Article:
two categories: (1) things that need to be fixed, and (2) things that will
need to be fixed after you've had a few minutes to play with them.
Engineers like to solve problems.  If there are no problems handily
available, they will create their own problems.  Normal people don't
understand this concept; they believe that if it ain't broke, don't fix it.
Engineers believe that if it ain't broke, it doesn't have enough features

   No engineer looks at a television remote control without wondering what
it would take to turn it into a stun gun.  No engineer can take a shower
without wondering if some sort of Teflon coating would make showering
unnecessary. To the engineer, the world is a toy box full of sub-optimized
and feature-poor toys.


   Clothes are the lowest priority for an engineer, assuming the basic
thresholds for temperature and decency have been satisfied.  If no
appendages are freezing or sticking together, and if no private parts
are swinging around in plain view, then the objective of clothing
has been met.  Anything else is a waste.


   Engineers love all of the "Star Trek" television shows and movies.  It's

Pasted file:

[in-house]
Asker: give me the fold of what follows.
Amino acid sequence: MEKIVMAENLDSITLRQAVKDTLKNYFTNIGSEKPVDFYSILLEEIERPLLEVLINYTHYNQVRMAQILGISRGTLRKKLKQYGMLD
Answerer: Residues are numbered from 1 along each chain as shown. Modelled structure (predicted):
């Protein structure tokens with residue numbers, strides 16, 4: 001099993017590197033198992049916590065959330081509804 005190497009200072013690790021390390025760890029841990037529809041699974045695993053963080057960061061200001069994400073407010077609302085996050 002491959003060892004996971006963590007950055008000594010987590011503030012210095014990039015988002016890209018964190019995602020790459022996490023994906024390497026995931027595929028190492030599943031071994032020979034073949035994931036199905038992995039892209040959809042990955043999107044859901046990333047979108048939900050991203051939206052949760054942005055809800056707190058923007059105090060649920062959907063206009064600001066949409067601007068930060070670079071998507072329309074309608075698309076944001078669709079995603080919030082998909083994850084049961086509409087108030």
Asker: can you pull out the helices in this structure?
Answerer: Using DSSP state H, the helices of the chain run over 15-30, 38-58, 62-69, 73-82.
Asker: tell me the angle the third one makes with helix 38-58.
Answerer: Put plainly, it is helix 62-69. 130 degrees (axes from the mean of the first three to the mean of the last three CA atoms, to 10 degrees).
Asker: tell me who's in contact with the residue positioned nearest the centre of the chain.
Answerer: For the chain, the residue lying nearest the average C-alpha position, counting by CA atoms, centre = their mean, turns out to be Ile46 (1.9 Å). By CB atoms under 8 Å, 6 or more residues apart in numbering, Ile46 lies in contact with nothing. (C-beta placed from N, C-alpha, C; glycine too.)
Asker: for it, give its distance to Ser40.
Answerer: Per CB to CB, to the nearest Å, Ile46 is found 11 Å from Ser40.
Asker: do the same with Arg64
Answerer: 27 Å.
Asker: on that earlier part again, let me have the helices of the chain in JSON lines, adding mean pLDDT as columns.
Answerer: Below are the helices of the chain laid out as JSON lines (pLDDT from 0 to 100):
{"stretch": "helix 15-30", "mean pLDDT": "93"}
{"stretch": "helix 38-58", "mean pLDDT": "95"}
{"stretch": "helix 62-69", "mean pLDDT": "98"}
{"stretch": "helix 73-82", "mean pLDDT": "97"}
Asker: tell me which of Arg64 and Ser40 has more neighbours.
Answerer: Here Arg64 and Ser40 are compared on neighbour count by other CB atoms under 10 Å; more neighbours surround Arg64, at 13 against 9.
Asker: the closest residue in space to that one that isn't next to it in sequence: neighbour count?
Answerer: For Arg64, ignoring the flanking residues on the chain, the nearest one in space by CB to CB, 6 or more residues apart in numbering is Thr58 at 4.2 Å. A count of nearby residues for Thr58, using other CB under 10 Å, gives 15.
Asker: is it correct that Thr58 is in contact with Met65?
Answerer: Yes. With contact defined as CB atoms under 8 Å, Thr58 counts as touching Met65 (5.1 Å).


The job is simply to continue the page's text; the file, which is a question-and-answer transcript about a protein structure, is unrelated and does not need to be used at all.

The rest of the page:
a small wonder, since the engineers on the starship Enterprise are
portrayed as heroes.


   Dating is never easy for engineers.  A normal person will employ various
indirect and duplicitous methods to create a false impression of
attractiveness.  Engineers are incapable of placing appearance above

   Fortunately, engineers have an ace in the hole.  They are widely
recognized as superior marriage material: intelligent, dependable, employed,
honest, and handy around the house.  While it's true that many normal
people would prefer not to date an engineer, most normal people harbor an
intense desire to mate with them, thus producing engineer-like children who
will have high-paying jobs.


   Engineers are always honest in matters of technology and human